|The Geese Return Home. And So Does the Tin Goose.|
A fully-restored 1929 Ford Tri-Motor will visit the Ottawa, Kan., Municipal Airport Sept. 1-2 and the Lees Summit, Mo., Municipal Airport Sept. 3-7 and offer rides as part of a six-state regional barnstorming tour.
In the case of Ottawa, the Tri-Motor’s visit is sentimental journey for airport manager Chuck LeMaster. He owned it. He has photos of it and other Tri-Motors he has owned tacked to the walls of the small terminal building.
“It’s nice to see the old bird come back,” LeMaster said. “… I sure enjoyed the time I had with the Tri-Motor.
The Ford is owned by the Experimental Aircraft Association and is based in Wisconsin. It’s appearance in Ottawa is sponsored by the Ad Astra Aviators, an EAA chapter based near Ottawa.
He also owned another Tri-Motor as well as the first Bushmaster Tri-Motor, updated replica of the Ford.
Although the Tin Goose that’s coming to the area is three years older than LeMaster, it’s still just as rugged and reliable as it was when it was built, he said.
“It’s a wonderfully performing aircraft,” said LeMaster of the Ford Tri-Motor. “It has a short take-off and it has a short landing and it can carry a tremendous load.”
Those qualities are still prized, especially in areas with primitive landings strips such as in South America, he said. Bushmaster bought the jigs and equipment from Ford and started making new Tri-Motors but went bankrupt, Lemaster said.
Henry Ford put America on wheels with his Model Ts and he decided to put America on wings and he decided to build airplanes during the 1920s at a time when Americans were becoming air-crazy, he said.
“He was in the transportation business and he could see that aviation was coming to the forefront,” LeMaster said.
The Ford Tri-Motor looks suspiciously looks like the German-built Fokker Tri-Motor. There’s a good reason, LeMaster said.
“Henry Ford basically stole it,” he said.
A Fokker landed at Ford’s airport in Detroit one day, he said. Ford generously offered the overnight use of a spacious hangar.
During the night, a team of Ford engineers swarmed over the Fokker, taking measurements and drawings.
Ford liked the idea of having three motors – indeed, Ford Tri-Motors can stay flying with only one engine.
The Fokker Tri-Motor was made mostly of wood and fabric and had an evil reputation of mechanic failures. A Fokker Tri-Motor killed legendary Norte Dame football coach Knute Rockne during a storm in the Kansas Flint Hills near Matfield Green.
Ironically, Ford’s engineers improved on the design and it had an unparalleled safety record for an early airplane, LeMaster said.
“It was the first all-metal airliner,” he said. “There no wood in it except in the interior.
“… There was never an instance where a Ford crashed because of a structural failure.”
According to some pilots who flew them, the Fords could be looped and flown upside down -- when airline executives weren’t looking.
Ford built different sizes of the Tin Goose. The plane visiting Ottawa and Lees Summit isn’t the largest version but it’s still a big airplane, LeMaster said.
The plane picked up its nickname because of the corrugated metal-skin on its fuselage and wings.
“All the farmers thought it was built out of barn tin,” he said. “But it’s all made out of aluminum. It’s light and it’s strong.”
Ford engineers built a special machine that put the corrugations in the aluminum, giving it added strength without increasing the weight, he said.
Since the EAA bought and rebuilt the Ford after a Montana storm wrecked it, the plane has been used for barnstorming and other purposes, said Chuck Finley, president of the Ad Astra Aviators.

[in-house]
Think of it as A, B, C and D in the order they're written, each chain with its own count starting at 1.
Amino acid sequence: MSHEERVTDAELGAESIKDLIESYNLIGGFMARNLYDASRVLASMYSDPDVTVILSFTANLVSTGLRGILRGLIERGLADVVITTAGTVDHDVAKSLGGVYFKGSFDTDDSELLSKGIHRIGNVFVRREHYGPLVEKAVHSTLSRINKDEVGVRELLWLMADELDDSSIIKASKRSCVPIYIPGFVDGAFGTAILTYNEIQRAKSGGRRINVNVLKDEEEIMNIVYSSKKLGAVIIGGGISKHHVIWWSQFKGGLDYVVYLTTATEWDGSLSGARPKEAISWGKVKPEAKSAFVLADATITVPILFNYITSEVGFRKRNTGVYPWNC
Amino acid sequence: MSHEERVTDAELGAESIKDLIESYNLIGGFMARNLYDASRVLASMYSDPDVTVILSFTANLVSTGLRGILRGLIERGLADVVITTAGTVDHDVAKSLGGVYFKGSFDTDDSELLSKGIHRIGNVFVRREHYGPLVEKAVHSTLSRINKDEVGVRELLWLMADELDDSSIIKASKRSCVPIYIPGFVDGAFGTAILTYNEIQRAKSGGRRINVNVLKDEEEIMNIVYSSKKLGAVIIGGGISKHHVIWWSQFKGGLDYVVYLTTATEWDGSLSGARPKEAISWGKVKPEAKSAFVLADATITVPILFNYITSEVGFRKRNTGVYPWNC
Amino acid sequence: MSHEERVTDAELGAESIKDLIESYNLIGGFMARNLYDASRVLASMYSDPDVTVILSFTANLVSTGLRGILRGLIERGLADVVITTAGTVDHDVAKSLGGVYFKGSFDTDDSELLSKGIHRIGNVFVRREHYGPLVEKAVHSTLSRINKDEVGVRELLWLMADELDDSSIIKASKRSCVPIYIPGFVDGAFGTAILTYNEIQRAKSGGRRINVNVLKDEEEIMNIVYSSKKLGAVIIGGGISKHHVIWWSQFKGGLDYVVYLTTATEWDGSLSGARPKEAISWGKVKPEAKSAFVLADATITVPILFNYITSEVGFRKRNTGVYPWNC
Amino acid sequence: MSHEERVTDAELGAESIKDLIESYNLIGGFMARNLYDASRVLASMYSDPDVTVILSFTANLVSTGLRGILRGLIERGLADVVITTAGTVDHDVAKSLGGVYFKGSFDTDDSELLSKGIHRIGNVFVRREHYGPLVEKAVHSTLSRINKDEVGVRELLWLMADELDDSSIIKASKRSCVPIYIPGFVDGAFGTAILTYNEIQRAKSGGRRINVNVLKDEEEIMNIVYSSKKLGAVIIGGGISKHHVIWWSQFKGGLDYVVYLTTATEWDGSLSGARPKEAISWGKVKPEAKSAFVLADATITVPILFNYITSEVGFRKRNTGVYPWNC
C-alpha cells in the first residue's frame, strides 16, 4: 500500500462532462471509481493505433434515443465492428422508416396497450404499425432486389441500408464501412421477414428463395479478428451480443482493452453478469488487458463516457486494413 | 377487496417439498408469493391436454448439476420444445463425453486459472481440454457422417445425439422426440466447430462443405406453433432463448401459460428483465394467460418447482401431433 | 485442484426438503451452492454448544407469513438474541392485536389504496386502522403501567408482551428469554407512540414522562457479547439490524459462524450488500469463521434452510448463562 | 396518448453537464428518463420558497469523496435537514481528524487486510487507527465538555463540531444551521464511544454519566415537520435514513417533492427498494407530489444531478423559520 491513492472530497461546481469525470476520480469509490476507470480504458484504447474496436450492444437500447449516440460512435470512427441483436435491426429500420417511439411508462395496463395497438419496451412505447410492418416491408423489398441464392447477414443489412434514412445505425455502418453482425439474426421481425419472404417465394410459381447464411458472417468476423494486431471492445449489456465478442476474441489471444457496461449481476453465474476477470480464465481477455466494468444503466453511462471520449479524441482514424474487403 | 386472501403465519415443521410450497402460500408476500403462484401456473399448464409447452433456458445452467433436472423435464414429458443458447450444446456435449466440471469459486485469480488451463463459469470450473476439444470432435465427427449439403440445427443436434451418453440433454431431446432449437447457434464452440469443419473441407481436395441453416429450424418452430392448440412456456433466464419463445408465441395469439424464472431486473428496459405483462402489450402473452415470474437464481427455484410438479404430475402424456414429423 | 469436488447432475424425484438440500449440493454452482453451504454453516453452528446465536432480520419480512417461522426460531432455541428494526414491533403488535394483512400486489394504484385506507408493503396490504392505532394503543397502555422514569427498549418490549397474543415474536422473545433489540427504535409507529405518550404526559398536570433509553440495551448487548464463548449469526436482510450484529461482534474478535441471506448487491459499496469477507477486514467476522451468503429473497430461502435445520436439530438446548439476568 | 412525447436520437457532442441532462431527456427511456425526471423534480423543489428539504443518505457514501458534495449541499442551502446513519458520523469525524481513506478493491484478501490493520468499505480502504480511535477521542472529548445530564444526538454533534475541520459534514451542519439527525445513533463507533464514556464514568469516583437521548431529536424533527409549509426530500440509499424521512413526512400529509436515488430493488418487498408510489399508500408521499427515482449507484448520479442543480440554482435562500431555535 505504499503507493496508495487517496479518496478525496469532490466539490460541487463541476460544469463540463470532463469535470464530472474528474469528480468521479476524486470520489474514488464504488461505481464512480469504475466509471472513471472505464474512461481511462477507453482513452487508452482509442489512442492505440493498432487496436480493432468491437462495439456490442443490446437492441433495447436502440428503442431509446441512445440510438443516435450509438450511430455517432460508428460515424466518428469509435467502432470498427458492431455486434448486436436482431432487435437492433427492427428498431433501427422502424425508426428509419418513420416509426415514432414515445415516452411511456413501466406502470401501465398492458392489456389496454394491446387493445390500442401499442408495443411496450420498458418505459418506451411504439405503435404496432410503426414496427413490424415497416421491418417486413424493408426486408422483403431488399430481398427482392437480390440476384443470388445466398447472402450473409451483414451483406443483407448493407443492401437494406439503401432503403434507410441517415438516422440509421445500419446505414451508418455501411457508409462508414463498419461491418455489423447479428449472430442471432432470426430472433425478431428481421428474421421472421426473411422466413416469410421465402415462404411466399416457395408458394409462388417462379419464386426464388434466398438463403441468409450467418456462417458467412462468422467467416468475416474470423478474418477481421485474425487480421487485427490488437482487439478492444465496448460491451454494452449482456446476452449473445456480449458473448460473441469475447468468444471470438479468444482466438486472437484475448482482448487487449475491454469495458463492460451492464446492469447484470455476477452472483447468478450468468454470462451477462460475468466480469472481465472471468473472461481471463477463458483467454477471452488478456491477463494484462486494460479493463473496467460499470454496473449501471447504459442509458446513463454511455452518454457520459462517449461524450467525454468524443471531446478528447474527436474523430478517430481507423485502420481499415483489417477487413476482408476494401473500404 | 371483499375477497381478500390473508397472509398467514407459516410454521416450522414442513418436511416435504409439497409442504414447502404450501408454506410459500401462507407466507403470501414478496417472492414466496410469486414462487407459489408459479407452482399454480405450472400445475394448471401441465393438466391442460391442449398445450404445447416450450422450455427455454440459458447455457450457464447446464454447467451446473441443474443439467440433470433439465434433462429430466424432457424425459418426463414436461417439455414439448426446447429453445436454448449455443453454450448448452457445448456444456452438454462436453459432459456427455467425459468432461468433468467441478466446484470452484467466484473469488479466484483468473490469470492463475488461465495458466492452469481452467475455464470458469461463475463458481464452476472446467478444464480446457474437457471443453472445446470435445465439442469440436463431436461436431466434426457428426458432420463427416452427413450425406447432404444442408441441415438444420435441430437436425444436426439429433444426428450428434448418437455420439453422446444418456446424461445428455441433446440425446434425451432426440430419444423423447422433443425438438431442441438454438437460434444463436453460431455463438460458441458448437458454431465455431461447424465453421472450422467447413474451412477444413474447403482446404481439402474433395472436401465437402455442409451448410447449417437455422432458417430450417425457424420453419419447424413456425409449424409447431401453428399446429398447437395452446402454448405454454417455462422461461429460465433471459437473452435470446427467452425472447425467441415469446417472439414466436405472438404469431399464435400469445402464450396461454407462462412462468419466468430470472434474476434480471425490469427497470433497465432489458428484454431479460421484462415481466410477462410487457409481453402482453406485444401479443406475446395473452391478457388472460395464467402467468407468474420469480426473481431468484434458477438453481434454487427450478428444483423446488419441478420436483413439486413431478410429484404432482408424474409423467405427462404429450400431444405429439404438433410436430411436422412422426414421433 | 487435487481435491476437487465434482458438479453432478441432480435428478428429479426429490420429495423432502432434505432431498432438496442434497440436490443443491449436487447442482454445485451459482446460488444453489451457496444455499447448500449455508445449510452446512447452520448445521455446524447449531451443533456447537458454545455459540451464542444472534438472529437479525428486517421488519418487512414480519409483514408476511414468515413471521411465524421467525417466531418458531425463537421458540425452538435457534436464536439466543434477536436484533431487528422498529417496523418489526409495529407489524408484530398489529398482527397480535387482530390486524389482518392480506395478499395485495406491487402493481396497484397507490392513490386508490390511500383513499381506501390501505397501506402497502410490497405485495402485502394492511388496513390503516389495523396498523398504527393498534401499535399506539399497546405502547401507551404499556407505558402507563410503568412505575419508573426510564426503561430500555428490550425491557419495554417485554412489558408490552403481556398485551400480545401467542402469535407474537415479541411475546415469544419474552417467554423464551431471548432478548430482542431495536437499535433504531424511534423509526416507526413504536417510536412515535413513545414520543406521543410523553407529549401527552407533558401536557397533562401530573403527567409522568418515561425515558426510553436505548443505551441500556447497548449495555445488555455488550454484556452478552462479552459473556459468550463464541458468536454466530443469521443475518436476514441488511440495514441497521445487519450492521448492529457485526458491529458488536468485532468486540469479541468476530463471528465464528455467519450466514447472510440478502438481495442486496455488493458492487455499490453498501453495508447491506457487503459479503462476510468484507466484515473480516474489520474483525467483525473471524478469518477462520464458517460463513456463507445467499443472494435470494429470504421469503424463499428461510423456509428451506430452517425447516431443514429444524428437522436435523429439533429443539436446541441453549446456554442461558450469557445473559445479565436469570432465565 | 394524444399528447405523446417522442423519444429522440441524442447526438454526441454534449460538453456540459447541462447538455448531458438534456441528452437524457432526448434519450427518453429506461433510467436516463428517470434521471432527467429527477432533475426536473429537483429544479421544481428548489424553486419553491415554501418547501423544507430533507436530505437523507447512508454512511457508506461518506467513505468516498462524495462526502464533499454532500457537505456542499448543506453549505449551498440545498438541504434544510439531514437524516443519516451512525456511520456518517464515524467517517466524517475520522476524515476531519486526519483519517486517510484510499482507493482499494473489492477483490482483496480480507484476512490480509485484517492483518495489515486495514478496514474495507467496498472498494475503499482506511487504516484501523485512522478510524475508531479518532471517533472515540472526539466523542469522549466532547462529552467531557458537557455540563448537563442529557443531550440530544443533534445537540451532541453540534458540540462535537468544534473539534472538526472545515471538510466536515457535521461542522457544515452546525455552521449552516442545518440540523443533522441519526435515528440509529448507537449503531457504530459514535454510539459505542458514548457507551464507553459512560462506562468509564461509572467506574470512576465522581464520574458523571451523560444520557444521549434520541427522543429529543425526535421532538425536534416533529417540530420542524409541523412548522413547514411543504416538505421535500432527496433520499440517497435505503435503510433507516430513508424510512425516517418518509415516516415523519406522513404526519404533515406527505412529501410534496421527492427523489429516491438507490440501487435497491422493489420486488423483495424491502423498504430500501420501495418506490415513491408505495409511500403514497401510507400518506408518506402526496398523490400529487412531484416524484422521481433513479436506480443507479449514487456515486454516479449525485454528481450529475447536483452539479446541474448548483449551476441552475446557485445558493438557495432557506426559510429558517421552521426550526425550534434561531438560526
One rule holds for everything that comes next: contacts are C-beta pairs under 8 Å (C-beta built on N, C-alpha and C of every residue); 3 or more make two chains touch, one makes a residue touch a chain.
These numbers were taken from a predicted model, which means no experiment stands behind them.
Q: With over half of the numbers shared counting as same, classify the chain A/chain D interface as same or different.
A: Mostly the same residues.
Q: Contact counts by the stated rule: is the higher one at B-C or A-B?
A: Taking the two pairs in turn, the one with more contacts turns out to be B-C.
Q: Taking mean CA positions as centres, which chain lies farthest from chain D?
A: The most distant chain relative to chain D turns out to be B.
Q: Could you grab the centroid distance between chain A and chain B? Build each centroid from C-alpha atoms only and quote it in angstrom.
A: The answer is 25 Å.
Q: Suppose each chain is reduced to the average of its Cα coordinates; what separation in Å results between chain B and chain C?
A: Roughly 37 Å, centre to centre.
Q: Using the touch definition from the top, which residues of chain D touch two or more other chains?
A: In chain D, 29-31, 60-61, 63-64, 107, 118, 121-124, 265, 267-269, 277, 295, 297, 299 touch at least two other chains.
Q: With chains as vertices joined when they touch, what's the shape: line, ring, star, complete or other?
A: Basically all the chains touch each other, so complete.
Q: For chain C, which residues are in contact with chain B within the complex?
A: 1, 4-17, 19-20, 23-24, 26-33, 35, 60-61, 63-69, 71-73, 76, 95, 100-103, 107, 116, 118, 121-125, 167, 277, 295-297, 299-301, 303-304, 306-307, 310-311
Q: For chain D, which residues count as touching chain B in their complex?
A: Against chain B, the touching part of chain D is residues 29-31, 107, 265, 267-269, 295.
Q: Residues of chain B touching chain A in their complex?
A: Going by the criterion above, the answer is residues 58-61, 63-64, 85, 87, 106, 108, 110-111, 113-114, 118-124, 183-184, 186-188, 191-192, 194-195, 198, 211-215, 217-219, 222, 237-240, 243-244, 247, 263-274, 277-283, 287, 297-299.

It was repainted and used in the recently-released Johnny Depp and Christian Bale movie “Public Enemy,” he said.
“Johnny Depp didn’t actually fly in the Tri-Motor,” Finley said.
“The insurance company wouldn’t allow him to fly in it for the movie,” Finley explained. “But he did taxi around in it.
“They even show which one is Johnny Depp’s seat.
“You can even fly in it.”
The public will be able to fly in the Tri-Motor while it’s at Ottawa and Lees Summit. Flights will be noon to dusk Sept. 1 and 9 a.m. to dusk on Sept. 2 at Ottawa; and noon to dusk Sept. 3 and 9 a.m. to. 5 p.m. Sept. 4-7 at Lees Summit.
Flights are noon to 5 p.m. Sept. 3-Sept. 7. Tickets for the 15-minute flights are $60 for the public; $50 for EAA members.
“This airplane allows people to experience true living history of aviation, as well as learn more about EAA and our mission to help people fully participate in the world of flight,” said Adam Smith, director of the EAA AirVenture Museum in Oshkosh, Wis., where the airplane is based.
“As we bring the airplane to this region of the country, thousands of people will get a rare glimpse of a unique flying machine that changed the way people travel in America.”
The Ford name gave the airplane instant respectability and the company was planning to expand its aerial product line, LeMaster said.
But Ford abruptly stopped production after building nearly 200 of the Tri-Motors.
One of Henry Ford’s best friends was a test pilot for Ford and was killed while testing one of the new Ford designs and Ford was shaken by his death.
Then Ford came to watch as another test pilot prepared to fly the newest Ford design – which LeMaster called advanced for its time.
The plane was at the end of the runway ready to take off when the pilot dropped dropped something at his feet, he said. The pilot reached down, grabbed it and when he straightened up, he was horrified that he was airborne, with the airplane hanging nose-high in the air, he said.
Although the pilot desperately tried to bring the nose down and build airspeed, the plane dropped tail-first to the ground and the tail telescoped into the body of the plane.
“Henry Ford watched all of this,” LeMaster said. “He said, ‘That’s it. No more.’
“I guess he figured he would sell more cars than airplanes.”